BY JASON KOTOWSKI Californian staff writer firstname.lastname@example.org
The U.S. Equal Employment Opportunity Commission filed has filed a lawsuit against Bakersfield-based Braun Electric Co. alleging sexual harassment on the part of a manager at the company's Taft and Belridge locations.
The lawsuit, filed Thursday in U.S. District Court in Fresno, says the male manager continually subjected female employees to a hostile work environment. According to the lawsuit, the manager made daily remarks about the sexual fantasies he had regarding employees, encouraged them to kiss and touch each other and asked to commit sexual acts with them.
Braun management mostly ignored reports of harassment and failed to stop the manager's conduct, the lawsuit alleges. At least one female employee quit as a result of the harassment.
"Employers cannot stand by idly while workers are besieged by sexual misconduct," EEOC attorney Anna Y. Park said in a news release. "Where employers fail to act, the EEOC will work to ensure the protection of workers in the face of harassment or discrimination on the job."
Dan Klingenberger, attorney for Braun, said the company has not been served with the lawsuit and isn't in a position to respond to specific allegations. He said sexual harassment is not tolerated at Braun.
"We have a strong policy against sexual harassment and would immediately address any complaint," Klingenberger said.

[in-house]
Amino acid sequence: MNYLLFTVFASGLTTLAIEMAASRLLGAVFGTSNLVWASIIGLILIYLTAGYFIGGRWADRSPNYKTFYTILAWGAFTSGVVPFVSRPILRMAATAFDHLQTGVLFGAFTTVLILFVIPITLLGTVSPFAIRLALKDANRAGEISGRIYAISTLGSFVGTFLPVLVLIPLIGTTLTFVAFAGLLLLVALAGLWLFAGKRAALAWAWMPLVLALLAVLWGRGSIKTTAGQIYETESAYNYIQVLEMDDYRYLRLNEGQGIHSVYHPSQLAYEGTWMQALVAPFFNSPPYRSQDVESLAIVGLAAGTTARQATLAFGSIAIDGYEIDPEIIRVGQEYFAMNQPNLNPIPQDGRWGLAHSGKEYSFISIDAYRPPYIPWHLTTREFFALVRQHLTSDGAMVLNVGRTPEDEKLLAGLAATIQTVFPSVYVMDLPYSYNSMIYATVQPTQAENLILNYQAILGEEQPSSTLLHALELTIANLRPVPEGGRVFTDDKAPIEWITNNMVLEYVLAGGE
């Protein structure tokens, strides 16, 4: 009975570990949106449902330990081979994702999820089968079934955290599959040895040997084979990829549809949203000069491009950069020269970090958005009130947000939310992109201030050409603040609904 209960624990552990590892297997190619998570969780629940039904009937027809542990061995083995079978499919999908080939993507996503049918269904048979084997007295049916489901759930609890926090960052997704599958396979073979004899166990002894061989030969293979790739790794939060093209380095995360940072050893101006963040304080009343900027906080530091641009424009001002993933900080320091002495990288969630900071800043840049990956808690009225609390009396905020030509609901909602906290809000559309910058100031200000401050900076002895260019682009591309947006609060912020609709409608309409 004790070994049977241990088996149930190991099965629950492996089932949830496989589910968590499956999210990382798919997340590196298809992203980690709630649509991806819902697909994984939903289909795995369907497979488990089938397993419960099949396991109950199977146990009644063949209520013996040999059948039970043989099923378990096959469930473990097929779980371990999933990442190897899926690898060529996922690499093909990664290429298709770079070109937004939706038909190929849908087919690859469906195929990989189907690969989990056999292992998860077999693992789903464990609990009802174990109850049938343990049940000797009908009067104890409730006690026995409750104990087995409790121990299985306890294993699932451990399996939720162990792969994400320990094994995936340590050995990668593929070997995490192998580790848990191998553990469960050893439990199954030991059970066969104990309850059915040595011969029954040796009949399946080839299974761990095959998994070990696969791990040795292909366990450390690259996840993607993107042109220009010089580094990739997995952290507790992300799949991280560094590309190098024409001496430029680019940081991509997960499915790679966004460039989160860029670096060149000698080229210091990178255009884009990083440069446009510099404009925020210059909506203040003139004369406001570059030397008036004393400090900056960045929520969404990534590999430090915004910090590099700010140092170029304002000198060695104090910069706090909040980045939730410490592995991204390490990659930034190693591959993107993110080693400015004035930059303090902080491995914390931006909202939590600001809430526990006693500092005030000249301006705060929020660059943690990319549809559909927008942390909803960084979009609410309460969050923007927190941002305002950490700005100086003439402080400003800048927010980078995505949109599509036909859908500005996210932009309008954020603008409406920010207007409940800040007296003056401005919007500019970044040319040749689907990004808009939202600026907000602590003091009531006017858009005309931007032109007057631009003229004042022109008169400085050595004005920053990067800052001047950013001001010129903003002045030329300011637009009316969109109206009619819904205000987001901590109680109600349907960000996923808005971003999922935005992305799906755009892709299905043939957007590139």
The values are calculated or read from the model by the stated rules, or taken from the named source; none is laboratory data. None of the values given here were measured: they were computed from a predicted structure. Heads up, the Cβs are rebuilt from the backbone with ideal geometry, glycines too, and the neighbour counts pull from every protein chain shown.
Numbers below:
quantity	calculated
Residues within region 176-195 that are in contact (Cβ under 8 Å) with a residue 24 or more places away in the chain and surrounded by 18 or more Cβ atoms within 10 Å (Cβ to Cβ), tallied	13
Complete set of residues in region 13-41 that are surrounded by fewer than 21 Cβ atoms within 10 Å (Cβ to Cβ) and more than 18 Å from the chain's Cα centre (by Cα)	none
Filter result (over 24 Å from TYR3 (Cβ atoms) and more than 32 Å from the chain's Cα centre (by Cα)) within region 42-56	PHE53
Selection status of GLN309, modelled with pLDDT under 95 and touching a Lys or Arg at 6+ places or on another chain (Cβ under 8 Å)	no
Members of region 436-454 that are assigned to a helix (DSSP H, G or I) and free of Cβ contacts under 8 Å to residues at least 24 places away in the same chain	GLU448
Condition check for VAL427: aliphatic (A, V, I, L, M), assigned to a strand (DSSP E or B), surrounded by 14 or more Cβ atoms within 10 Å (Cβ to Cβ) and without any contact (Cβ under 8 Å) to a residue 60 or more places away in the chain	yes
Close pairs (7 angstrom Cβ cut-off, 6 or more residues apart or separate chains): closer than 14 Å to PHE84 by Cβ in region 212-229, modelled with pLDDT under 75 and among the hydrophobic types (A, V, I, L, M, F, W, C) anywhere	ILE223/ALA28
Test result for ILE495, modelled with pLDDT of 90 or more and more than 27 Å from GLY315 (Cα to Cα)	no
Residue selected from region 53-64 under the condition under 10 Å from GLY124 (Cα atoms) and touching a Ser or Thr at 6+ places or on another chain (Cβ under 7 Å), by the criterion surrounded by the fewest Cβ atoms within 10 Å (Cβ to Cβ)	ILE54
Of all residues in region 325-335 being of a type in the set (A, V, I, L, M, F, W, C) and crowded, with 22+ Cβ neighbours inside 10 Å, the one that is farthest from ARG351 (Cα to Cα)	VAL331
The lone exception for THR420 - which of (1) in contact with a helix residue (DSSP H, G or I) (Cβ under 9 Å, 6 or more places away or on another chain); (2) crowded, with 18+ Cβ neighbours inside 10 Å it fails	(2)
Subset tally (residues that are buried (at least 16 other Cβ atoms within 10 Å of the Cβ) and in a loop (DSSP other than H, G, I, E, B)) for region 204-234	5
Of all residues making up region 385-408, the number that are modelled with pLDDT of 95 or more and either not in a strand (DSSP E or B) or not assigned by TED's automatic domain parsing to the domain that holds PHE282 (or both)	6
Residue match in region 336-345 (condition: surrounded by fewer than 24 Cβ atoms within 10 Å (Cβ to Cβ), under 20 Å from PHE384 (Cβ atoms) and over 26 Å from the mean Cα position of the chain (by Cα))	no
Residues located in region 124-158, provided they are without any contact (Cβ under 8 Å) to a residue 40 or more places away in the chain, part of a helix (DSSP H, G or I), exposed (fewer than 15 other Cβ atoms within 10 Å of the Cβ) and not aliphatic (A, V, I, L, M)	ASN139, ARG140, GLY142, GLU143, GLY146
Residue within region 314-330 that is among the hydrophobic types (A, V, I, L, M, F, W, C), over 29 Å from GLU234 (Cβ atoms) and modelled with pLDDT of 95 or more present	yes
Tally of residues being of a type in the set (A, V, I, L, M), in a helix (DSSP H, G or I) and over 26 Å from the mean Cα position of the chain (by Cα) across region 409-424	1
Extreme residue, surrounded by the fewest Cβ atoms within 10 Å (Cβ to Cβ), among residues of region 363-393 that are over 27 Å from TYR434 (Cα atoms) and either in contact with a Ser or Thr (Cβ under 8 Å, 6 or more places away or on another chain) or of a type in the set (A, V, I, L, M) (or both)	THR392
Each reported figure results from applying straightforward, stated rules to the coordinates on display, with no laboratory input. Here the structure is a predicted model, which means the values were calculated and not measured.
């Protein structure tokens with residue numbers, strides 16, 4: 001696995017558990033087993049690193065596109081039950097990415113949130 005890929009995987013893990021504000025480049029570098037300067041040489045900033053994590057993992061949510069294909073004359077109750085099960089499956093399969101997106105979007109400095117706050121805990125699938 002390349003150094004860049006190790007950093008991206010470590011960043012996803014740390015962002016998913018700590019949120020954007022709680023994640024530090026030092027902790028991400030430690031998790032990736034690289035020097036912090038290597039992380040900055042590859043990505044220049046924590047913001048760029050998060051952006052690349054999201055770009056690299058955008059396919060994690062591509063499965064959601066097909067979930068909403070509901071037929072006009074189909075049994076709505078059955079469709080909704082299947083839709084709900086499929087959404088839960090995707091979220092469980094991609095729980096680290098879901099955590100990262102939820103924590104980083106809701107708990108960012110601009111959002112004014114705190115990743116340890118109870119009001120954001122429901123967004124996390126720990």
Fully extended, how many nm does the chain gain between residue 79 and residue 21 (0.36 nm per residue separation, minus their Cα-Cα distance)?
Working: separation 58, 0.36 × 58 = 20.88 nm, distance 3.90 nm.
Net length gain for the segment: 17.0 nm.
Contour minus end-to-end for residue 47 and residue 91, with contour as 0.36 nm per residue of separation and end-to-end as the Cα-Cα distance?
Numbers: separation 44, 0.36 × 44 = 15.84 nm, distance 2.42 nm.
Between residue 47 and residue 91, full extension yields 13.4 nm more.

The EEOC's suit seeks compensatory and punitive damages for the workers who were harassed, as well as injunctive relief to prevent further sexual harassment and discrimination at Braun. The harassment took place since at least August 2010, the suit says.
The lawsuit says Braun received a complaint in 2010 that the manager was harassing female employees, and "failed to take reasonable steps to prevent and/or correct the harassment, but instead permitted the harassment to continue and worsen."
Melissa Barrios, director for the EEOC's Fresno office, said in a news release that workers who report harassment deserve to be taken seriously.
"Managers and supervisors, as representatives of the employer, are required to not only prevent such harassment from surfacing, but also to stop the harassment quickly and effectively," she said.